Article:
A detailed analysis of current literature and previous research on E-Commerce, buying behaviour and consumer perceptions of online shopping will be reviewed here. The author is also going to dissect the different generations being looked at for the aim along with the relevant theory.


E-Commerce is an abbreviation for Electronic Commerce and is single-handedly shifting the business market by offering consumers a faster and simplified way to shop. (Golletz & Ogheden, 2010). E-Commerce is the act of purchasing and selling goods or services on the internet. Aside from this, the internet is also a useful tool to find information on products giving the buyer the opportunity to compare prices and ensure they are receiving the best deal. (Khan, 2016).

The world has endured an electronic change that now alters the way individuals connect with one another, and in turn is affecting the complete value chain. This includes manufacturers, retailers and consumers relationships with one another. (Donathu & Garcia, 1999)

Generation Cohort 

As per the Independent (2019), Generation X is classified as anyone born between 1964-1980, Generation Y or “Millennials” are born between 1981-1996 and Generation Z are from 1997 until now. Inglehart (1977) was the primary instigator of the Generational Cohort Theory, believing that it is important to recognise the correlation of defined attributes and characteristics of every individual generation group as they mostly share unchanged values, beliefs and attitudes for their lifetime. (Chung & Chen, 2019) A generation cohort is organised by the years of birth, usually spanning 10-20 years or equally, the duration of the initial birth group to be born and reproduce. (Lissita & Kol, 2016)

Those who grew up in Generation X are considered to be resourceful (Borges et al, 2006) self-sufficient (Lyons, Duxbury and Higgins, 2007) and the beginning of the technologically adapt (Linnes & Metcalf, 2017). The bulk of those from this generation lives through hard-hitting economic periods like the 1980 recession, hence a committed focused work ethic. (Kraus, 2017)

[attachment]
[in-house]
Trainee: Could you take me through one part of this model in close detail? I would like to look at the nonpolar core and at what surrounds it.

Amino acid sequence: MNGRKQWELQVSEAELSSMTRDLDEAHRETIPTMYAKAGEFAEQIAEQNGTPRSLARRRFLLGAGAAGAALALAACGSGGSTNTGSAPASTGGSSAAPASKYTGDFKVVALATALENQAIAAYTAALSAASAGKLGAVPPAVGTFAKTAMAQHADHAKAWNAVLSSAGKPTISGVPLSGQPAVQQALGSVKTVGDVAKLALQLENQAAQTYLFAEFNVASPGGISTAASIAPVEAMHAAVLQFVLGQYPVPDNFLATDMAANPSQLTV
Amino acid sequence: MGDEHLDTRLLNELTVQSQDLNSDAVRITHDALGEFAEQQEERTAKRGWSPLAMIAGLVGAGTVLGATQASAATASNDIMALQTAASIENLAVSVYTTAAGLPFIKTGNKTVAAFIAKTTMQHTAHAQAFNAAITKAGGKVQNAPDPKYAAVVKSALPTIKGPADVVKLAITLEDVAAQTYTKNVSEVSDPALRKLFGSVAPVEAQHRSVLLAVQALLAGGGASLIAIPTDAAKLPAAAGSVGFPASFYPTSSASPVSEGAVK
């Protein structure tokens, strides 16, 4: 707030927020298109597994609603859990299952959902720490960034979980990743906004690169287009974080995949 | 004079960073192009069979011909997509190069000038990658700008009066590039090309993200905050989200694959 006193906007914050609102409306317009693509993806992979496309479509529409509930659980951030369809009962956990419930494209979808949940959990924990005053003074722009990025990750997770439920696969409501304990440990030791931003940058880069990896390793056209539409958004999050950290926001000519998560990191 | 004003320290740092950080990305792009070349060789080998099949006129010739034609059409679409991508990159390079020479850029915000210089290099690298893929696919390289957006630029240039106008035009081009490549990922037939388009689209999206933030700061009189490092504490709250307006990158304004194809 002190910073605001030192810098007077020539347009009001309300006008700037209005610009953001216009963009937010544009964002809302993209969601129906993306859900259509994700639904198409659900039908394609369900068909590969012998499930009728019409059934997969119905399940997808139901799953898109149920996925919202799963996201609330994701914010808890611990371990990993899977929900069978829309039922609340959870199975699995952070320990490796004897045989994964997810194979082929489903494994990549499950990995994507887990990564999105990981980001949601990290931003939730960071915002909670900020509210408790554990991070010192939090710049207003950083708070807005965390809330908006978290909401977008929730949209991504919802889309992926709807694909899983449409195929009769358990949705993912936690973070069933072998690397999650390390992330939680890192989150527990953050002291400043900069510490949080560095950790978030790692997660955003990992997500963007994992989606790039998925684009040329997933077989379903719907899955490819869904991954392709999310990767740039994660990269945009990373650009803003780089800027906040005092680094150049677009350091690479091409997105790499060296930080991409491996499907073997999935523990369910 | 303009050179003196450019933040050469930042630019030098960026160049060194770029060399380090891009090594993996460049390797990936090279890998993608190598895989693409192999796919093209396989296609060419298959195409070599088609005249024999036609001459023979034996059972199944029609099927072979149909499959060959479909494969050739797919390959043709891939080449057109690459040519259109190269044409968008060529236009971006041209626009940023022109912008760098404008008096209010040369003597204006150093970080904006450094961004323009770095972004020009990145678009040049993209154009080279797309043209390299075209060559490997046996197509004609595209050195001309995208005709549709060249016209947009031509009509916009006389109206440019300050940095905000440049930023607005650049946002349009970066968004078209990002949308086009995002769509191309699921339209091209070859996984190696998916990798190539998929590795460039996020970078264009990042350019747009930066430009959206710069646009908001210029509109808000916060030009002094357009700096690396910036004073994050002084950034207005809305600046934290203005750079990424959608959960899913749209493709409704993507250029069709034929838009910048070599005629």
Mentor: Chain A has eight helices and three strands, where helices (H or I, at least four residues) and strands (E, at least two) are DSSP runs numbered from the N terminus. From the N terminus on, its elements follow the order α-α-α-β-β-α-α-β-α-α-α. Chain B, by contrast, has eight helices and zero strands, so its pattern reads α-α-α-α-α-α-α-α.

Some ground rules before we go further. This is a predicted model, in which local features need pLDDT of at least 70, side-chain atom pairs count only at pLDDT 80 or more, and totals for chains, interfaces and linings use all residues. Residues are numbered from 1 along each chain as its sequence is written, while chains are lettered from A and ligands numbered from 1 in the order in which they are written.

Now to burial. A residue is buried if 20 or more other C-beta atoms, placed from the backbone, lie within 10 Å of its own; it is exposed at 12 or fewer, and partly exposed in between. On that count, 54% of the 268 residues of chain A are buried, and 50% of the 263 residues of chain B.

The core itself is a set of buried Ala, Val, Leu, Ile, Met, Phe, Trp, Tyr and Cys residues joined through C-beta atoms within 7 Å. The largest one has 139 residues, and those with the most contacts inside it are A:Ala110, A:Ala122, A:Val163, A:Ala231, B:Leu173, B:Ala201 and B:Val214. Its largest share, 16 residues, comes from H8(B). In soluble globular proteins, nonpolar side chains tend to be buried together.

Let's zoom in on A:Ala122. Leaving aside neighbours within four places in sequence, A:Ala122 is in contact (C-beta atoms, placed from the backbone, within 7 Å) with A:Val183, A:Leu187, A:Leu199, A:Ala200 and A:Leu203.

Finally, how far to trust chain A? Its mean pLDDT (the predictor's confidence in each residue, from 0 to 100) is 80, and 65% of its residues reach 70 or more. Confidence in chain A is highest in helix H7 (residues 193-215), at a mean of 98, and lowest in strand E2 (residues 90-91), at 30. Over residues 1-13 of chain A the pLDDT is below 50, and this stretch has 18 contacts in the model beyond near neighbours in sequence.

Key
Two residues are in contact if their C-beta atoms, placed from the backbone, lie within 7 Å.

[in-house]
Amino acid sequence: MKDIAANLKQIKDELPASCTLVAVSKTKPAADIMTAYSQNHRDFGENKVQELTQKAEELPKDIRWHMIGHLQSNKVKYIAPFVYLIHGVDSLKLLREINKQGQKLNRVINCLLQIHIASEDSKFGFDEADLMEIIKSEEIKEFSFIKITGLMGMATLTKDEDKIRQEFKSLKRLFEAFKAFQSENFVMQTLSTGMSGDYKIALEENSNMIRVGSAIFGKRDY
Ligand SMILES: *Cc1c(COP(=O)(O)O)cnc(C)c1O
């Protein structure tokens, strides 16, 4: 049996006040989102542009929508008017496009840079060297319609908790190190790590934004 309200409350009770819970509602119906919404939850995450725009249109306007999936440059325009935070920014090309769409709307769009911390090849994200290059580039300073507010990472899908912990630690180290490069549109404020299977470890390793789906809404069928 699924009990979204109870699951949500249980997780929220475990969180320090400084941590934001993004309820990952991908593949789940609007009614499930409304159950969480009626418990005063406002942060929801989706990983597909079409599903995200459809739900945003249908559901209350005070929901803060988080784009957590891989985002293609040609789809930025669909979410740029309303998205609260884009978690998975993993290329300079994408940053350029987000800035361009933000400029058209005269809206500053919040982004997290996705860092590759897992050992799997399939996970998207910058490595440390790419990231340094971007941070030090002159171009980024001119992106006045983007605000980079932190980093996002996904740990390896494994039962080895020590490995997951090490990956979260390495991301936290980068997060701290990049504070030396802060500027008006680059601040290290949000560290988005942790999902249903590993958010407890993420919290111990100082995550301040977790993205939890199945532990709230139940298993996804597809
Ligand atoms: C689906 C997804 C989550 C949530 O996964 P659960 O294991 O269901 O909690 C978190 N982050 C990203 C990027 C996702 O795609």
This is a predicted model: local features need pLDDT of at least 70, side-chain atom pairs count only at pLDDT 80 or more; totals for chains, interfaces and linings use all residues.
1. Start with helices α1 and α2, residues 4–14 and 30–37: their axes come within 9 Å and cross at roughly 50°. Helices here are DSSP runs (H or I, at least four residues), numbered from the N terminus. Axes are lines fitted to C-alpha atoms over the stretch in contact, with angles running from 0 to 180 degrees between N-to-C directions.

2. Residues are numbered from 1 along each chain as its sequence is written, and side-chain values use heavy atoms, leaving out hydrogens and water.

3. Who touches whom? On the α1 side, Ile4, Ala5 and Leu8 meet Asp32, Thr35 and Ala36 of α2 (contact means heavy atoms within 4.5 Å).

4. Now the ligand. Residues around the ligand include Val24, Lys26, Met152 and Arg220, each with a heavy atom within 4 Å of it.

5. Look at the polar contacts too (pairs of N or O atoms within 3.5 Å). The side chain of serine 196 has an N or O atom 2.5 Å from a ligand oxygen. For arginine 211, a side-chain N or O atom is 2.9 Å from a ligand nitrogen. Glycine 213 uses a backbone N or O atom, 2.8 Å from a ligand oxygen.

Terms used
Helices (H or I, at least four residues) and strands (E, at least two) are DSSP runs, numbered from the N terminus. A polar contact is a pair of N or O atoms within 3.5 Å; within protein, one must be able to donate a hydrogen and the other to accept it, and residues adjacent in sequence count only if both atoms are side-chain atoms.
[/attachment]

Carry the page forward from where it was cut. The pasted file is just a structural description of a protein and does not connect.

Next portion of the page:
Generation Y are also classified as millennials and were the first generation where university and higher education was a both popular and favoured route to employment. (Broadbridge, Maxwell & Ogden, 2007) This generation has been regarded as technological savvy (Lissitsa & Kol, 2016) with Howe (2006) identifying they possess 7 core characteristics; special, sheltered, confident, team-oriented, conventional, pressured and achieving. (Leask, Barron & Fyall, 2013)

Generation Z are the most diverse and technologically minded generation with a large proportion still in education or early employment. (Erwin & Shatto, 2016) Social media has propelled to the forefront of this generation with 2.5 million shares on Facebook, 100 000 tweets and 48 hours of YouTube being created every 60 seconds. (Daugherty & Hoffman, 2014)

Generational Shopping Habits

Shopping Habits of Gen X

This cohort was found to place more importance on wearing fashionable attire than those that came before for example, the Baby Boomers (Pentecost and Andrews, 2010). It has been stated that this cohort is also not enticed by elaborate generalized advertisements, but they would rather prefer simple convenient shopping experience (Himmel, 2008). This generation heavily relies on recommendations from their friends, family and acquaintance’s therefore customer service is important. Generation X look to be informed of all the features and advantages of the product as well why they are required. (Brosdahl & Carpenter, 2011)